Her skills are well displayed in "High Tide," a film that matches her up a second time with director Gillian Armstrong, who gave Davis her first major success with "My Brilliant Career." In that film, Davis played a young woman who was determined to make it in the world, despite the suffocation she felt from her community and upbringing. In "High Tide," however, Davis' character, Lillie, is roughly the opposite: she gave up on any hope for her future when she was young, and, after giving birth to a child, runs from her responsibilities and takes up a life without direction or meaning. When she finally meets up with her daughter years later, the thought of taking care of her child is petrifying; she knows this is her chance to atone for her failures, but how can she be honest with her daughter and still gain her respect?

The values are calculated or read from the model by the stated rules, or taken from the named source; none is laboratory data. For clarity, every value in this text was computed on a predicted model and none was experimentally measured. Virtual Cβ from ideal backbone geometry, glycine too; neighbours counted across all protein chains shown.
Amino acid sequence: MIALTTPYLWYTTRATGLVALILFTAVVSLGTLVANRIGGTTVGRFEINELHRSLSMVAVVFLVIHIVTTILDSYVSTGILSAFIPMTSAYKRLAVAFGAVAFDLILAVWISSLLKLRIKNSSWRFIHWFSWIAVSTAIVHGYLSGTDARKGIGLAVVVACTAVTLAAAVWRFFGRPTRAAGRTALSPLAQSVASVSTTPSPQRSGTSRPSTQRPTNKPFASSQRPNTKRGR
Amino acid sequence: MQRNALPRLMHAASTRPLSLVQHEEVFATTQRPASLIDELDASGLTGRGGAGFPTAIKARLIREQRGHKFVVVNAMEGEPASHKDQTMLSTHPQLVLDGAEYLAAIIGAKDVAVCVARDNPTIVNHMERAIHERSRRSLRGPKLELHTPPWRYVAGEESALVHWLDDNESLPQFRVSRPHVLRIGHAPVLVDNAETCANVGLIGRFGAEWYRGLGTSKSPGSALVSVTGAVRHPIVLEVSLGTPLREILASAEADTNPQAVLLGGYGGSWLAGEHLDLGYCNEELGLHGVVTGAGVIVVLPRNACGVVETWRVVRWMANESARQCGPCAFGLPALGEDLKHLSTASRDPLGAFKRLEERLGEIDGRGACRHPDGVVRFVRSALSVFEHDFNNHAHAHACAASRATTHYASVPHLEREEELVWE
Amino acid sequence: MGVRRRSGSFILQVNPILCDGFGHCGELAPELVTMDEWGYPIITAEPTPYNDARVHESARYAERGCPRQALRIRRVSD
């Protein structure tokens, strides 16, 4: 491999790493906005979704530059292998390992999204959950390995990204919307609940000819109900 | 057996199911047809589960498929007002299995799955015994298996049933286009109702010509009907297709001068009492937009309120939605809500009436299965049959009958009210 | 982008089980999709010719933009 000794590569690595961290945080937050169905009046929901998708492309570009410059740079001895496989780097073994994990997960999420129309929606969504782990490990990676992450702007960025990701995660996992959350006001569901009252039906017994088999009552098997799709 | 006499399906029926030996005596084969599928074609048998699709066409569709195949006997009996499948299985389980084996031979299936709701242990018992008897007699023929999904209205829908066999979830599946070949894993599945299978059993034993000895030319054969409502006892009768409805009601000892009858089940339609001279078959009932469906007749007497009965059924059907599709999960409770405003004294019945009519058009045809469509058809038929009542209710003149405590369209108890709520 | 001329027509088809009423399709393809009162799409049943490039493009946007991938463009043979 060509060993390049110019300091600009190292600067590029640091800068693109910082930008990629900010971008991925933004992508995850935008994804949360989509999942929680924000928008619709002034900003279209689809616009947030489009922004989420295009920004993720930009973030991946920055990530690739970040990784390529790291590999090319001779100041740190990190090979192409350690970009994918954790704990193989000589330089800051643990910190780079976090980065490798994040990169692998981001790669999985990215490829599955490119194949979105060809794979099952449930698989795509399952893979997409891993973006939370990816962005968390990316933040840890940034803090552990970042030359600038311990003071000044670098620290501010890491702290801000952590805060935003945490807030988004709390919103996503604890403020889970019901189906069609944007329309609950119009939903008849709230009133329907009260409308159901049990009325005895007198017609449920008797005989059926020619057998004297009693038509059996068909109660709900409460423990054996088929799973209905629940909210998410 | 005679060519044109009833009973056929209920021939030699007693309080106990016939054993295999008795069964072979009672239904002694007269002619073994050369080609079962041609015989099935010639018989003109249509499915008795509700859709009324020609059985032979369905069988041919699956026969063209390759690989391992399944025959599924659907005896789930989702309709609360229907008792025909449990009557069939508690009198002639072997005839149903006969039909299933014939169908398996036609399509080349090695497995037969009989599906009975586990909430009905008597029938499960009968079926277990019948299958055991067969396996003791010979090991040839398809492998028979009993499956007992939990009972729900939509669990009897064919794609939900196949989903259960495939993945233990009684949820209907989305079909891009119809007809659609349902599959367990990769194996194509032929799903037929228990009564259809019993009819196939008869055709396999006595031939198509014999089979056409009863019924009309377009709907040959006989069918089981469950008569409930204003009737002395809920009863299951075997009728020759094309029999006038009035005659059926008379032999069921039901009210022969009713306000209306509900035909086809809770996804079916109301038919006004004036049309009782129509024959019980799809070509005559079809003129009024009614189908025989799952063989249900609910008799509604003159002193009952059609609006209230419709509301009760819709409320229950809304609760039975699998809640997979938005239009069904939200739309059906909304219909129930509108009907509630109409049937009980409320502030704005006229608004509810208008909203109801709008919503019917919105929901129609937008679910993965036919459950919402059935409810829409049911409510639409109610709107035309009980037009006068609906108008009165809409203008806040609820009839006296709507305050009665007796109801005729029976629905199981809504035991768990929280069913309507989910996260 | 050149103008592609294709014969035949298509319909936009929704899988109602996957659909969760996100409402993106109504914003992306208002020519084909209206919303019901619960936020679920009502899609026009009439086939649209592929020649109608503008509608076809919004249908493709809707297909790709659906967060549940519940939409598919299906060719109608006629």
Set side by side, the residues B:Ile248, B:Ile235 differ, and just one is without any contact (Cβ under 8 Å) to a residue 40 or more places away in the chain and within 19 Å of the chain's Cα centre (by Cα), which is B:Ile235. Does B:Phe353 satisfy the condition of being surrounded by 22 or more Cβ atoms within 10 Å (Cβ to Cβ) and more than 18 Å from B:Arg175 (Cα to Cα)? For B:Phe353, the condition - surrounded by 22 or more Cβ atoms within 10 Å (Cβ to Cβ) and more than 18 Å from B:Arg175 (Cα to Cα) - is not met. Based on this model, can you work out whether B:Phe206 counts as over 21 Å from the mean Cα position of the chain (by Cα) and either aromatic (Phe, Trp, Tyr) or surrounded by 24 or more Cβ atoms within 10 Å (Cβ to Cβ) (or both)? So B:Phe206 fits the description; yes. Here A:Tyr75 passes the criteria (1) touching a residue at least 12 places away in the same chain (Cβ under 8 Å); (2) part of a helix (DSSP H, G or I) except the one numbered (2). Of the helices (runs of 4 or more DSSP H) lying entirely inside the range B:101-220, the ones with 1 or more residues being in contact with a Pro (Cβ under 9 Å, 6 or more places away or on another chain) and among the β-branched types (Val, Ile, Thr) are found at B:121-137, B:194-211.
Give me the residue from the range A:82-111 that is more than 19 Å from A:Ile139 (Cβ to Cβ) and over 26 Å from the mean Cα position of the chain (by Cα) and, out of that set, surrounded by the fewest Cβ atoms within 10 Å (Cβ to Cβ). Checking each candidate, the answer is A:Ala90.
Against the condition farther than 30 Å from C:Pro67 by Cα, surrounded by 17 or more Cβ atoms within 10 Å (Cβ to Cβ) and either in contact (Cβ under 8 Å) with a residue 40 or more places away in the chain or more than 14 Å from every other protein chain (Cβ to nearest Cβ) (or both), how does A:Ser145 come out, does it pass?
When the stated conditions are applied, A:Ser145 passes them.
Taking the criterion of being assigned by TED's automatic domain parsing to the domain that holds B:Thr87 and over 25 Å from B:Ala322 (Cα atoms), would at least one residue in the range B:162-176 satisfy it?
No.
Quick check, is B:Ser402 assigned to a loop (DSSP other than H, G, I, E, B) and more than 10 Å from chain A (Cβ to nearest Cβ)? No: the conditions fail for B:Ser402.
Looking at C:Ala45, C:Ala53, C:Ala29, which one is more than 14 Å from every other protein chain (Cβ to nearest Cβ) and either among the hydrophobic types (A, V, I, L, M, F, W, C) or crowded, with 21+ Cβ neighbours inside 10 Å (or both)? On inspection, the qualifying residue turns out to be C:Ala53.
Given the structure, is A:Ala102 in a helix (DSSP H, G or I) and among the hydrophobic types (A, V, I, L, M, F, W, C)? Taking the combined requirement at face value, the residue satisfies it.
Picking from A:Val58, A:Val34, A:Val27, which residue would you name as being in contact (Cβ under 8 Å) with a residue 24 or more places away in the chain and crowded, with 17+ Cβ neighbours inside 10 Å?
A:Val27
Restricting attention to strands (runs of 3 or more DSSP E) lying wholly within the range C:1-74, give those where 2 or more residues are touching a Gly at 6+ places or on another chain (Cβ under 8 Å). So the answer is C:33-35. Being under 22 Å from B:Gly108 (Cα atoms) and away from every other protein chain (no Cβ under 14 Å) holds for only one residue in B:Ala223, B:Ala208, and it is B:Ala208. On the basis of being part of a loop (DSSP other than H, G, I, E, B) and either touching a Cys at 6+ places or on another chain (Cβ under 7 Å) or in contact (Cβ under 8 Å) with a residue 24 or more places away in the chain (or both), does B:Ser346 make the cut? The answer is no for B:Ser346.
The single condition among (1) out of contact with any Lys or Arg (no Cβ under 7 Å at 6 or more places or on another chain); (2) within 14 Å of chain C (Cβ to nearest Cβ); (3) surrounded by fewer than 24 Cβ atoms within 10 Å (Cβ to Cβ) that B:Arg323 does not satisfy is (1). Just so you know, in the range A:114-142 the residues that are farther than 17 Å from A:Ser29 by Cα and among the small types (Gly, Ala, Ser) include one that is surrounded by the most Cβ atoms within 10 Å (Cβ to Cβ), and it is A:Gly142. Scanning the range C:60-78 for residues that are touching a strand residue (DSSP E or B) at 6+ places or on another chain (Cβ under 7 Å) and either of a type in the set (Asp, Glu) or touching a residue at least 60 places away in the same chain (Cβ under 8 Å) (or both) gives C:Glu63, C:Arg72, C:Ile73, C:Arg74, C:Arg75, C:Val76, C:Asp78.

Gillian Armstrong's films usually relate stories about characters who desperately want to communicate with each other, but face obstacles set up by their own personal habits and addictions. "Oscar and Lucinda," for instance, was about a man and a woman who desperately needed each other's love but were always blindsided by their craving for chance, represented by their gambling addictions. Here, we are immersed in the world of a family torn apart by the mother's inability to commit to a settled life and her struggles to redeem herself despite being fully convinced that it's too late to change for the better. This is not simply a film with a great performance at its center, but also a rare achievement: a fully convincing story of redemption.